China launches Chang’e 5 to bring back Moon rocks

China launches Chang’e 5 to bring back Moon rocks

China launched a spacecraft to the Moon’s surface, aiming to be the first nation to bring back lunar rock and soil samples in more than four decades.

The mission, called Chang’e 5, is the latest step in an ambitious space program that China hopes will culminate with an international lunar research station and ultimately a human colony on the Moon by the 2030s.

The launch, from the Wenchang space site at Hainan Island in China’s south, was broadcast live by Chinese state media. China has often been secretive about its deep space missions, waiting until they made it to orbit before officially announcing success. The broadcast without any delay may be a sign of growing confidence in the proven track record of its space program.

Cameras mounted on the rocket showed its boosters falling away and the ejection of the protective faring over the robotic probe as it headed to space. Audio and video from the mission’s control room captured employees of China’s space program applauding as the first and second stage of the rocket separated, and then when the spacecraft reached orbit about 15 minutes after liftoff. An additional ignition of the spacecraft’s engine will set it on course to the Moon.

If Chang’e 5’s journey to the Moon and back is successful, China will be only the third nation to bring pieces of the moon back to Earth. NASA astronauts accomplished that feat during the Apollo Moon landings, as did the Soviet Union’s Luna robotic landers, ending with Luna 24 in 1976. Those samples made major contributions to the understanding of the solar system’s evolution, and planetary scientists have waited eagerly for the day more samples would be brought back to Earth.

“This is a really audacious mission,” said David S. Draper, the deputy chief scientist at NASA. “They’re going to move the ball down the field in a big way with respect to understanding a lot of things that are important about lunar history.”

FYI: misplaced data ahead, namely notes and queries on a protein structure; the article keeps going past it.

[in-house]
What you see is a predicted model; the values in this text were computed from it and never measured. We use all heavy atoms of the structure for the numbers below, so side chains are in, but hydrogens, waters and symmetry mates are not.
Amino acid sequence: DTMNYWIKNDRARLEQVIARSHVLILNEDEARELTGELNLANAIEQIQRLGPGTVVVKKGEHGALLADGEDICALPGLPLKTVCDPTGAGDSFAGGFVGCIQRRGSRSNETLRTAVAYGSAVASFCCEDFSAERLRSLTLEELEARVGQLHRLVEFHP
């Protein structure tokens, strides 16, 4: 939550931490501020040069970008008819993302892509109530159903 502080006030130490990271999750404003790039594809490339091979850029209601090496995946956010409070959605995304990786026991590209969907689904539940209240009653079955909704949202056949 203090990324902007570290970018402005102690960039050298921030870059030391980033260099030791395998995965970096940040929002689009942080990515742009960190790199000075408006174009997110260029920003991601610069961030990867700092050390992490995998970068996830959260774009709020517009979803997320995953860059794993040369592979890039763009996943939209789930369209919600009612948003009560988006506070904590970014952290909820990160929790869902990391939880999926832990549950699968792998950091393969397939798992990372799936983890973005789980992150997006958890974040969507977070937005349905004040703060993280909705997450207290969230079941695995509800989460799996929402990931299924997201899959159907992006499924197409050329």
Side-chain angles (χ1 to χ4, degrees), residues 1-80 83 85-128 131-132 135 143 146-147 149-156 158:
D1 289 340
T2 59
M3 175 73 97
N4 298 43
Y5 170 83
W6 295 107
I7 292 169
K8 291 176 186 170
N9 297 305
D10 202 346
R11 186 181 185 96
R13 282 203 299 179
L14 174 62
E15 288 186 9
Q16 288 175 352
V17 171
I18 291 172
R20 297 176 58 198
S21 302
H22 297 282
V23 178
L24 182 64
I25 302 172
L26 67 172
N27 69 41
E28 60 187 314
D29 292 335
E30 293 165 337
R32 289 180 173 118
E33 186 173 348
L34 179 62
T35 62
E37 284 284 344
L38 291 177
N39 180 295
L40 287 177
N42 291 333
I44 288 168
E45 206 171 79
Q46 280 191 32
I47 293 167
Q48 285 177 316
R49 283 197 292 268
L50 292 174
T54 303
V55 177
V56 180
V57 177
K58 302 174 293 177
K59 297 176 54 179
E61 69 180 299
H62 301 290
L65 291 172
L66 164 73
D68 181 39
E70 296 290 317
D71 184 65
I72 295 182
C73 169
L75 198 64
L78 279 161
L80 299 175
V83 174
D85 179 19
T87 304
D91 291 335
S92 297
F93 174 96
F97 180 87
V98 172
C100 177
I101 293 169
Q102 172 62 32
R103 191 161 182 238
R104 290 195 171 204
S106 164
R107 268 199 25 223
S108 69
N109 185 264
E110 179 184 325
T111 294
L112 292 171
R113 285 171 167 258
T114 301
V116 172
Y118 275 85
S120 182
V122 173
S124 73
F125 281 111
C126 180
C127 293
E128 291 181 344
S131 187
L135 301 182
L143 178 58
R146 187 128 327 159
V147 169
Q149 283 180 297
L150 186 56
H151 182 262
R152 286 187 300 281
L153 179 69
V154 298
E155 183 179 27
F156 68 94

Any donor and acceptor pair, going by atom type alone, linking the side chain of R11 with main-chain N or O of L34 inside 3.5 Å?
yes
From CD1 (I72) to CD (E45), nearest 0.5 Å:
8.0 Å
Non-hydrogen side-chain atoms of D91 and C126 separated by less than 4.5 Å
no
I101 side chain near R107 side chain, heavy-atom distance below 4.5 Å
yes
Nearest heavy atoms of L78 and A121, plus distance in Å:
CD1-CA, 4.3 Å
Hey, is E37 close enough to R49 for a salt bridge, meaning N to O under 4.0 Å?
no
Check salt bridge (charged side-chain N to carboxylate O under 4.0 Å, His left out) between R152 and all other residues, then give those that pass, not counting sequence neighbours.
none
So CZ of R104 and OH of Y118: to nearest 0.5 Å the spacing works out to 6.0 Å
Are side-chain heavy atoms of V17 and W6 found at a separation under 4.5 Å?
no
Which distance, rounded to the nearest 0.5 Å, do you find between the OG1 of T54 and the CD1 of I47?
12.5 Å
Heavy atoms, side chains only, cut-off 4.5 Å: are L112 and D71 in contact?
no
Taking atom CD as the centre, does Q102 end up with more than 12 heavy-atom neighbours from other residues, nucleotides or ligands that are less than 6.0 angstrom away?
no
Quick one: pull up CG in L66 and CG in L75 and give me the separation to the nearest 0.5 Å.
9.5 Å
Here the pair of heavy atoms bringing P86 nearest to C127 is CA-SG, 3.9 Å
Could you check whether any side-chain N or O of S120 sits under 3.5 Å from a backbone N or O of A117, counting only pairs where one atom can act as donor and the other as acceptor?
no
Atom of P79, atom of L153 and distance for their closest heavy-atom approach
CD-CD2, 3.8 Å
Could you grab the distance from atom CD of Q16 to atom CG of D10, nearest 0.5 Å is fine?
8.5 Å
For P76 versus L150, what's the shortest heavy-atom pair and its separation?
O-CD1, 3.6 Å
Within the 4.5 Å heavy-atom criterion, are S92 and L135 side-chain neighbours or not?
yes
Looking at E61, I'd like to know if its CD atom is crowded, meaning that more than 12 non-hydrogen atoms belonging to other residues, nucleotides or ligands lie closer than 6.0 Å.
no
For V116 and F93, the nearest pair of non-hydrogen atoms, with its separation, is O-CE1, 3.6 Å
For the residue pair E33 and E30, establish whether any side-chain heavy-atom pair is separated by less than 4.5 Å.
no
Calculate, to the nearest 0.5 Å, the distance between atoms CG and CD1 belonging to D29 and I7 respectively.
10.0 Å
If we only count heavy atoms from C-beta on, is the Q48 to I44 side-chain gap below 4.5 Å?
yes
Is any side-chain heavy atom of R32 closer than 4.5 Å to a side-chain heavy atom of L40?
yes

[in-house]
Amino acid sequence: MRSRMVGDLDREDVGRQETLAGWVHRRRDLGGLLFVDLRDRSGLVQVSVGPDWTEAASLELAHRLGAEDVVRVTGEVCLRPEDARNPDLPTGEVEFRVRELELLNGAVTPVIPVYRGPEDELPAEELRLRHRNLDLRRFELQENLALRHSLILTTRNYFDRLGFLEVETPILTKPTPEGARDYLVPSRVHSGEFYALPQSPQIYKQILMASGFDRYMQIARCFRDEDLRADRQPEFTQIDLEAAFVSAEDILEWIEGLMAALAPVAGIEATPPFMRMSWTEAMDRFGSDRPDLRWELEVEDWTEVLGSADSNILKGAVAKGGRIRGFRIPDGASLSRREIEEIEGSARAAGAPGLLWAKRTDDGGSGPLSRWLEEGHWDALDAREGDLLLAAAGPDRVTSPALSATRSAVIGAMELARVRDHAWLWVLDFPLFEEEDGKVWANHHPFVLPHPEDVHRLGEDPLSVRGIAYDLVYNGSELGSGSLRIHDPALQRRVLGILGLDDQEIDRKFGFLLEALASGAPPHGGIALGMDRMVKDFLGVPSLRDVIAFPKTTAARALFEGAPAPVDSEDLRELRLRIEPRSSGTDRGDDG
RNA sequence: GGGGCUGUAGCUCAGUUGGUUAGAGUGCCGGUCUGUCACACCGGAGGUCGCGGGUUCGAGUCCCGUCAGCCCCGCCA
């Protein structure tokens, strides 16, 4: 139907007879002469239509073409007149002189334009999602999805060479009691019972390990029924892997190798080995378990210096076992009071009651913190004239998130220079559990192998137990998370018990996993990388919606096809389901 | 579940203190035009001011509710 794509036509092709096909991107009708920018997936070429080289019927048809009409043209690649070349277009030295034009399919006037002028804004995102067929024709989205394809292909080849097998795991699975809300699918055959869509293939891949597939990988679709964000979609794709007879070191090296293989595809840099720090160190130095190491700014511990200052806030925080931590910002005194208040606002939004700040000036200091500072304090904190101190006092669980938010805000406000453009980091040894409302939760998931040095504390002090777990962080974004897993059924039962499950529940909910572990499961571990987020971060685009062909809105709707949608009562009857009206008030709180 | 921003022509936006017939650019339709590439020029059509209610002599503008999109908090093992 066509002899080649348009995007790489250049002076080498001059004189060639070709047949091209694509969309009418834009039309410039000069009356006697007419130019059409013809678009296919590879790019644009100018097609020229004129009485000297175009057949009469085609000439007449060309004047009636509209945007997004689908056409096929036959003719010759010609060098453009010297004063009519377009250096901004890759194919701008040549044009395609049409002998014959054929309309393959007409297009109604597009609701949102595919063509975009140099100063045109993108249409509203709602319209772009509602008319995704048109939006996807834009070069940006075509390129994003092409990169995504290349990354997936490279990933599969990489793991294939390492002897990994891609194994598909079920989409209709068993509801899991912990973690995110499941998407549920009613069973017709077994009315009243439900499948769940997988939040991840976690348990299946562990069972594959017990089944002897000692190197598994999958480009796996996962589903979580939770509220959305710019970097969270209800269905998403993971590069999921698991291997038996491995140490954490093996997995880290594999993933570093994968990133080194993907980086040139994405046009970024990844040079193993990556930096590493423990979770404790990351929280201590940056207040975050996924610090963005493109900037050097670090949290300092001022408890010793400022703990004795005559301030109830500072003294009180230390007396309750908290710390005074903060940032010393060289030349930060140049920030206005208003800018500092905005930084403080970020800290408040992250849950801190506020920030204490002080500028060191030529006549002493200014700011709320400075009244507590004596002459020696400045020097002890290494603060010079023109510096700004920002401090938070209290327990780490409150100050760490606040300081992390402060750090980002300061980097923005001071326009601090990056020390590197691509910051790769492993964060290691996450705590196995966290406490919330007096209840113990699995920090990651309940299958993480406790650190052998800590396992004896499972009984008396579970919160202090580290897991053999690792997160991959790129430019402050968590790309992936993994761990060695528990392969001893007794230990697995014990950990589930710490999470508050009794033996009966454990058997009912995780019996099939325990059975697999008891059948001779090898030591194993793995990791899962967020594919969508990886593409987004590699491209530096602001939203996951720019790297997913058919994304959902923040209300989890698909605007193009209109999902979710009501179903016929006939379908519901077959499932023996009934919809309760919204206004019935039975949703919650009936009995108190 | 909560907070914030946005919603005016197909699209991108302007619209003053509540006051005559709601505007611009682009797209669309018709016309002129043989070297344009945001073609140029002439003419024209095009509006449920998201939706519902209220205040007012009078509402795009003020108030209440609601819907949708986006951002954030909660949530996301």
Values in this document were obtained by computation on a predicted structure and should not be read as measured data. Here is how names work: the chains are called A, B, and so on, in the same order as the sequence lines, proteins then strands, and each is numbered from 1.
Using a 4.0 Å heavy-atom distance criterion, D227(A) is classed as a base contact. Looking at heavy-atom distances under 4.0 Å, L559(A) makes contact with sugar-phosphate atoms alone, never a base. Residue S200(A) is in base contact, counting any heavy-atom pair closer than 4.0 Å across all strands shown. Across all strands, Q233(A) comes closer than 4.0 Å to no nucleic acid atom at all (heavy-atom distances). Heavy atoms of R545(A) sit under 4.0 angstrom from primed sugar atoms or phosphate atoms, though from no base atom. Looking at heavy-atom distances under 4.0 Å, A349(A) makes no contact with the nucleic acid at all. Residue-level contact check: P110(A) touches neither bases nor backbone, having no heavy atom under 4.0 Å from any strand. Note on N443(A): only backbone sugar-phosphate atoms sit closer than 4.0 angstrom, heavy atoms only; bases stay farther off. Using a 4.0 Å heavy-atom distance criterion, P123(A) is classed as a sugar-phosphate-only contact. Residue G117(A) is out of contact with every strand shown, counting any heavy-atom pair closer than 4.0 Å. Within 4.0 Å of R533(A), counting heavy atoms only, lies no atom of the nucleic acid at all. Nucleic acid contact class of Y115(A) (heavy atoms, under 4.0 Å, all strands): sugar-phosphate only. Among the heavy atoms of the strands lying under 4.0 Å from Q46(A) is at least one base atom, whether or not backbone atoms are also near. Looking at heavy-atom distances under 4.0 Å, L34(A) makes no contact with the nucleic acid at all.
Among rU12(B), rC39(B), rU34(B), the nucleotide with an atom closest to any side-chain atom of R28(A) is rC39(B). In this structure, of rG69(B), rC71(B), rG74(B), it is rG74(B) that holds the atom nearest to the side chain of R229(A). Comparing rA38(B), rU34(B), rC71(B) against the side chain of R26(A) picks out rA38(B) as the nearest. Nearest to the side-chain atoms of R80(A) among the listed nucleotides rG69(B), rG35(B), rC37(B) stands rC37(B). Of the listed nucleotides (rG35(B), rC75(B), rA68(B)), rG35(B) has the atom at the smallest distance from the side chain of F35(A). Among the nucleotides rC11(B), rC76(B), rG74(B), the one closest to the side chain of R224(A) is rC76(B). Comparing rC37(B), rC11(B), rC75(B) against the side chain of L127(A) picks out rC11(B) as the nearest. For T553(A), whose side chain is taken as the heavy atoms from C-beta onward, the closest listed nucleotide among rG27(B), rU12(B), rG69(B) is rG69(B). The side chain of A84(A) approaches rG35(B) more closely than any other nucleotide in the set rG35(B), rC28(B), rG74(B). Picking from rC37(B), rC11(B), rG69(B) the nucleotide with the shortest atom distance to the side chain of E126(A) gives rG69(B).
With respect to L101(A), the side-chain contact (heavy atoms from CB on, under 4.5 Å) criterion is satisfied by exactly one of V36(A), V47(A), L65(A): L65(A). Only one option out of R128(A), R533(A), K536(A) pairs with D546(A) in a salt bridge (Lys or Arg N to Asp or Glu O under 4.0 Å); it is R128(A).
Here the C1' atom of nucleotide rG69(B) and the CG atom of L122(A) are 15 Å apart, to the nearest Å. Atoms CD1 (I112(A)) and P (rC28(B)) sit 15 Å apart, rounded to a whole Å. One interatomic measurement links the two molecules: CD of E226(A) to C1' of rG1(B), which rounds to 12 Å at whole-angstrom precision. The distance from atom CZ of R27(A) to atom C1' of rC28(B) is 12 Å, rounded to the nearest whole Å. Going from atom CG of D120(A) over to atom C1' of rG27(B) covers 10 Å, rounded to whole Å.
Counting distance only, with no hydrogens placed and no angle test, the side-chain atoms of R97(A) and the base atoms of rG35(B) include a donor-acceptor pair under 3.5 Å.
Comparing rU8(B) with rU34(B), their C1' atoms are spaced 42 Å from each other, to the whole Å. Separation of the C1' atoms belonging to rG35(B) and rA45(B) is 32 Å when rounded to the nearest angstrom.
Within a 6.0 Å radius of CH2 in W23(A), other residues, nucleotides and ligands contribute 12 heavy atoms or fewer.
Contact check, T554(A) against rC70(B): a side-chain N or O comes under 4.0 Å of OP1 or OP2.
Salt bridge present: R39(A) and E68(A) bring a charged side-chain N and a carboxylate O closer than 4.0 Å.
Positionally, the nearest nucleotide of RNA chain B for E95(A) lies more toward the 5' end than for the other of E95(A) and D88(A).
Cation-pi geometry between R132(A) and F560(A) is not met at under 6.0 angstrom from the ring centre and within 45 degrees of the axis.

There has been a revival of interest in returning to the moon in the past couple of decades after the discovery of frozen water in shadowed craters in the polar regions. NASA has set a goal to send astronauts on new Moon landings in the coming years with its Artemis program. Commercial companies — some under contract to NASA — are aiming to send robotic landers to the Moon in the next year or two. India and an Israeli nonprofit tried to land spacecraft on the moon in 2019, but both spacecraft crashed.

The entire Chang’e 5 mission, from liftoff to the recovery of the rock samples, will be over in less than a month.

After the spacecraft enters orbit around the Moon, Chang’e 5 will split into two: A lander will head to the surface while the other piece, an orbiter, waits for its return.

Once it gets to the surface, in about a week, the lander needs to accomplish all of its drilling and scooping tasks within a single lunar day, which lasts 14 Earth days. The lander is not designed to survive the frigid dark lunar night.

The Chang’e 5 lander includes a small rocket, and before the sun sets it will blast off with the rock and soil samples. This rocket will rendezvous and dock with the piece of the spacecraft that remained in orbit. The samples will be transferred to the orbiter for the journey back to Earth.

The sample is scheduled to land in the Inner Mongolia region of China in the middle of December.

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